Overview of Personal Protective Equipment (PPE)


Heather Saunders, MPH, RN, CIC; Tracy Field, RN, WCC, LALD, LTC- CIP; and Isis Lamphier, MPH, CIC, review the articles considered as personal protective equipment (PPE) such as masks, gowns, and gloves.

Heather Saunders, MPH, RN, CIC: Hello, and welcome to this Infection Control Today® ICView titled, “Expert Perspectives on Personal Protection Guidelines and Standardization Practices.” I’m Heather Saunders, a research nurse program manager at John Hopkins University, and the owner and lead consultant of Broad Street Prevention, in Baltimore, Maryland. Joining me today in this discussion are my colleagues, Tracy Field, an infection preventionist in long-term care, and Isis Lamphier, an infection preventionist at the Moffitt Cancer Center, in Tampa, Florida. Thank you, ladies, for both being here with us today.

Isis Lamphier, MPH, CIC: Thank you for having us, Heather. It’s great to be here.

Tracy Field, RN, WCC, LALD, LTC-CIP: Yes, thank you.

Heather Saunders, MPH, RN, CIC: Our discussion today is going to focus on the considerations and clinical implications of personal protective equipment in the health care environment. We’re going to focus on some of the overarching guidelines and some of the optimal practices. We have a lot to talk about, ladies. Let’s go ahead and get started. Where I want to begin is just briefly reviewing some of the personal protective equipment that we use in health care, what their purpose is, and how we use those. Let’s just start with masks because everybody is familiar with masks. Even the general public, right now, is very familiar with masks. Let’s talk a little bit about your standard face mask or your standard surgical mask. Can you talk to me about what the purpose of a mask is?

Isis Lamphier, MPH, CIC: Masks are designed to protect the user’s mouth and nose and they also protect others from your droplets. They can protect you from splashes as well.

Heather Saunders, MPH, RN, CIC: I love that we’re talking about how it is protecting not only the user but other people from the user’s respiratory secretion. I think that is so important and is something that people miss, so I really appreciate you pointing that out, Isis. I know that there are different types of masks too, and people get really confused about this. Not only do we have our surgical masks, but we also have our respirators, our N95s, and other types of respirators. What’s the difference between how we are using surgical masks and why we’re using respirators?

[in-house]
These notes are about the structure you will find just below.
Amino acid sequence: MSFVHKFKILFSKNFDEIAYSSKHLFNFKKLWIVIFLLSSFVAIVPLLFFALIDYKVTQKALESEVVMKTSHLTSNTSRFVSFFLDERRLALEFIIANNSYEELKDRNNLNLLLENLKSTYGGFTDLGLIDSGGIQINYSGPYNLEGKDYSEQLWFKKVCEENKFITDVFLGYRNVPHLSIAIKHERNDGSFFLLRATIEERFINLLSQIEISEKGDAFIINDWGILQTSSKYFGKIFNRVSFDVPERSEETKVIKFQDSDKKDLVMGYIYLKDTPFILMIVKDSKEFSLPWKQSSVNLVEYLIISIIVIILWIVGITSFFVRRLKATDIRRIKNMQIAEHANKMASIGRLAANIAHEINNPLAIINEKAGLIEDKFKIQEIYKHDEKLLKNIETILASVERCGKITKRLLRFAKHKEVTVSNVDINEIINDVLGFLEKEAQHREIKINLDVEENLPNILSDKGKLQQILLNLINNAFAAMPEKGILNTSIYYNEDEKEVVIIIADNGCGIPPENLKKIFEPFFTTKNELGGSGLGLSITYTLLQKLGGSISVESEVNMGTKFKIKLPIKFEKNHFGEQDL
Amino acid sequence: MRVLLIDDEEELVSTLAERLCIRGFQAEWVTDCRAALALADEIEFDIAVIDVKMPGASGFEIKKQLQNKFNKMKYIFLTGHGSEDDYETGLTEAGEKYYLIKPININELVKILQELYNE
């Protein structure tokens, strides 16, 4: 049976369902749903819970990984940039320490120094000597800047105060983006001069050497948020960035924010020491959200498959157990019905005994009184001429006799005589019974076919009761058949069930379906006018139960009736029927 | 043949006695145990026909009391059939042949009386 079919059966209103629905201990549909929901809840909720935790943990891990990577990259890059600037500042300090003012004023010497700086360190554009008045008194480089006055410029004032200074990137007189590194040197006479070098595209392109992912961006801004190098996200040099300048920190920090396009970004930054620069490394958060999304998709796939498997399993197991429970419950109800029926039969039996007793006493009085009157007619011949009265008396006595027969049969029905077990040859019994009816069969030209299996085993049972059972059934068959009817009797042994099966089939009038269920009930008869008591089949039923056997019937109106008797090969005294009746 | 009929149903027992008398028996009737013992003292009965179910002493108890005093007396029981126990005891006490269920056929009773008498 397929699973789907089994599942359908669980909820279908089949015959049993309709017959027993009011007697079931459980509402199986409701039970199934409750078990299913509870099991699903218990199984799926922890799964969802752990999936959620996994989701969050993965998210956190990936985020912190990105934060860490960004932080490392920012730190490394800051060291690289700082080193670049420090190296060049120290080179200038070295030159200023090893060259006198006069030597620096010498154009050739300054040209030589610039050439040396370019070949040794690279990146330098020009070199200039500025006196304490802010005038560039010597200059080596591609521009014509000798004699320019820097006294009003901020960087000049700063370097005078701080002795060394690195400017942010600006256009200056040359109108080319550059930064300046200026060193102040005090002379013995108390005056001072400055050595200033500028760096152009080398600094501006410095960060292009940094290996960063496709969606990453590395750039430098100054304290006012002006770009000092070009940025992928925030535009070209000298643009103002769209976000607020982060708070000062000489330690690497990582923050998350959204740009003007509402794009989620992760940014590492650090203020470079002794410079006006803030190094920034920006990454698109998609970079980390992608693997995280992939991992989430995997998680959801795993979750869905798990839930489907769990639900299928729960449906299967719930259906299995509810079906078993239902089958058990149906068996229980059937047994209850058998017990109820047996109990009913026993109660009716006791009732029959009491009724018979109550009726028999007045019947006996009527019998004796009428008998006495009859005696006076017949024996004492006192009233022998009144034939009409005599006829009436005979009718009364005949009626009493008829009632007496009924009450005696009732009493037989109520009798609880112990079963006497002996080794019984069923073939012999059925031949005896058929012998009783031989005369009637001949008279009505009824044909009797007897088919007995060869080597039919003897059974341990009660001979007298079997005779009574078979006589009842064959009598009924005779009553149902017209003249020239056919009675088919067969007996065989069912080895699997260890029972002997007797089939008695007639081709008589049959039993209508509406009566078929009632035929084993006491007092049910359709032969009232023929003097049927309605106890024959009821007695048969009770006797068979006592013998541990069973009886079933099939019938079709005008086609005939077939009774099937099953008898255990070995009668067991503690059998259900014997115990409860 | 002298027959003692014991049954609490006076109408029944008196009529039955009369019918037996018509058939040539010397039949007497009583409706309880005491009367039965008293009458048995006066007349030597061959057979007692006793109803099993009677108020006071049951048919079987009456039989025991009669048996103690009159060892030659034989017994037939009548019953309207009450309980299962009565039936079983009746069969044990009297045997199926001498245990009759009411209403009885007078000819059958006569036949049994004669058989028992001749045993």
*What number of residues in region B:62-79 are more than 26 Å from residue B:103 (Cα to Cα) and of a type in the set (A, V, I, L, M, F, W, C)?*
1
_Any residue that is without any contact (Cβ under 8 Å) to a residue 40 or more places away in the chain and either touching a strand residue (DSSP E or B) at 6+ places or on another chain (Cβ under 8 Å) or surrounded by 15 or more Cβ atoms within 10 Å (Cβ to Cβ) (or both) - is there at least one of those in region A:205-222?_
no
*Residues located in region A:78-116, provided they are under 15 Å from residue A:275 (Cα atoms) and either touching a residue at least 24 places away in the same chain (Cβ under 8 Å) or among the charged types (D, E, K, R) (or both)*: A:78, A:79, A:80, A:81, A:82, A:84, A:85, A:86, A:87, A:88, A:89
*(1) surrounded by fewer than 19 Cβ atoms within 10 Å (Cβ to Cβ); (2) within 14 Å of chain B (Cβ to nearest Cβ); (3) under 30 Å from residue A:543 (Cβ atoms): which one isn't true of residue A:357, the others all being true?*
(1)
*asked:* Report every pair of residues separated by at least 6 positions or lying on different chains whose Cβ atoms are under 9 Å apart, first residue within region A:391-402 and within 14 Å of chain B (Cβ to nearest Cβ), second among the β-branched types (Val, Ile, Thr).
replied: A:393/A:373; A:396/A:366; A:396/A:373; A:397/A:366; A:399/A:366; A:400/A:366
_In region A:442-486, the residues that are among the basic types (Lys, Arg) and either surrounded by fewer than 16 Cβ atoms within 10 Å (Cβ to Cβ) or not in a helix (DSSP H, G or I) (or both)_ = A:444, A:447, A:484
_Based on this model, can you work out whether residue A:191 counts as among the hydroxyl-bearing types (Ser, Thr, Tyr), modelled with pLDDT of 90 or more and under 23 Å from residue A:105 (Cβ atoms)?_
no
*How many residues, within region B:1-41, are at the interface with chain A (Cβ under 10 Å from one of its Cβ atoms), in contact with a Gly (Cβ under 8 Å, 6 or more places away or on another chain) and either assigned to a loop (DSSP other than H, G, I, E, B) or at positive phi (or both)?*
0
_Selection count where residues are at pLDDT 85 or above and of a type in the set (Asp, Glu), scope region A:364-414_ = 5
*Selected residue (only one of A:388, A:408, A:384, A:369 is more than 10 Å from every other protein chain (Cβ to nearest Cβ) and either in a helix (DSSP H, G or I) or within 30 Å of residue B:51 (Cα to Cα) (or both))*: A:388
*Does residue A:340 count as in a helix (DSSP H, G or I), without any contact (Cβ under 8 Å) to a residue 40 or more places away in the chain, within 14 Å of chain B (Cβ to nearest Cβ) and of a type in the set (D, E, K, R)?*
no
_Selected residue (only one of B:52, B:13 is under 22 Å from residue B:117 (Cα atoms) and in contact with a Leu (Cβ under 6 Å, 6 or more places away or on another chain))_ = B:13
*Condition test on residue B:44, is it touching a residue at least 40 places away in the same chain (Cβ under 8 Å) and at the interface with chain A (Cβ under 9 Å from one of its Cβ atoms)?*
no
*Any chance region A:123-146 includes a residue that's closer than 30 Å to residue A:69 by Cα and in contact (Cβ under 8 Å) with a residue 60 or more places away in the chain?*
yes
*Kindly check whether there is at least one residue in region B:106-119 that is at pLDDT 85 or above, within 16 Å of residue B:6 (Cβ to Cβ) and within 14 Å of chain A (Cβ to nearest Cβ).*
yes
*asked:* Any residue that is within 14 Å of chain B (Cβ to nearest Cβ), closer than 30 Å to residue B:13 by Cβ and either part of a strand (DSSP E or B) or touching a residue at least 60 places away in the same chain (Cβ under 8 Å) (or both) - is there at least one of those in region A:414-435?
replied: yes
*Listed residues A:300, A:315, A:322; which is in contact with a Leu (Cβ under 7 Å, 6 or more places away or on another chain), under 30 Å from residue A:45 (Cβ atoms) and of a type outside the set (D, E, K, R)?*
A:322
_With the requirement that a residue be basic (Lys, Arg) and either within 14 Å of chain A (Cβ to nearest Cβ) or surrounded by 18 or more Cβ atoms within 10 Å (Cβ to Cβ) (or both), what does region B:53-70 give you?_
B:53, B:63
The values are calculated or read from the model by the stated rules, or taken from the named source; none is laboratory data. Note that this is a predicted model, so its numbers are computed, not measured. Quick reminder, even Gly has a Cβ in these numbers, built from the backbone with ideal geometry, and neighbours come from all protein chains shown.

Tracy Field, RN, WCC, LALD, LTC-CIP: One interesting thing I’d like to point out is that people don’t know about the N95 masks and how it actually collects the germs that are coming toward you, not bouncing them off. I think people have this thought that anything coming near them bounces off the mask, but it’s designed with layers of protection to adhere those germs so that they don’t go further toward your face, or toward anybody else.

Isis Lamphier, MPH, CIC: The N95 mask is also intended to filter out those smaller particles, as well, that a traditional surgical mask wouldn’t be able to filter out. So, they can filter out 95% of particles that are 0.3 microns or larger.

Heather Saunders, MPH, RN, CIC: Our respirators, our N95s, and other respirators are really for blocking the smaller particles, and then our surgical masks are really more for the larger droplets. Is that right?

Isis Lamphier, MPH, CIC: Exactly.

Heather Saunders, MPH, RN, CIC: Well, let’s go ahead and move on to the next article of personal protective equipment. We’ll get back to masks later. What about gowns? Can you talk to me a little bit about what the purpose of a gown is?

Tracy Field, RN, WCC, LALD, LTC-CIP: The purpose of the gown is to protect yourself from any kind of splashes or pathogens that you could come in contact with. Essentially, you can transfer those to the next patient that you go and see.

Isis Lamphier, MPH, CIC: The gowns are for protecting skin and also clothing. Sometimes we’ll remove our gown once we’ve entered and after we’ve exited an isolation room, and we’ll continue with our current scrubs that we have on. We want to make sure that clothing is also protected as well.

Heather Saunders, MPH, RN, CIC: Great. Thank you so much for clarifying that. Also, there are gloves. Can you talk a little bit about the purpose of gloves? Why do we use gloves?

Tracy Field, RN, WCC, LALD, LTC-CIP: Gloves are to protect our patients and ourselves. Sometimes I think people get the idea they’re protecting themselves more than the patients. It is for protection for both of us.

Heather Saunders, MPH, RN, CIC: Thank you, ladies. I think it’s so helpful for us to start with the basics and talk about what personal protective equipment we do use in health care, as well as why we use them and what the purpose is.

Transcript edited for clarity

Related Videos
Antimicrobial Resistance (Adobe Stock unknown)
Association for the Health Care Environment (Logo used with permission)
Ambassador Deborah Birx, , speaks with Infection Control Today about masks in schools and the newest variant.
CDC  (Adobe Stock, unknown)
Deborah Birx, MD
Centers for Disease Control and Prevention  (Adobe Stock, unknown)
Related Content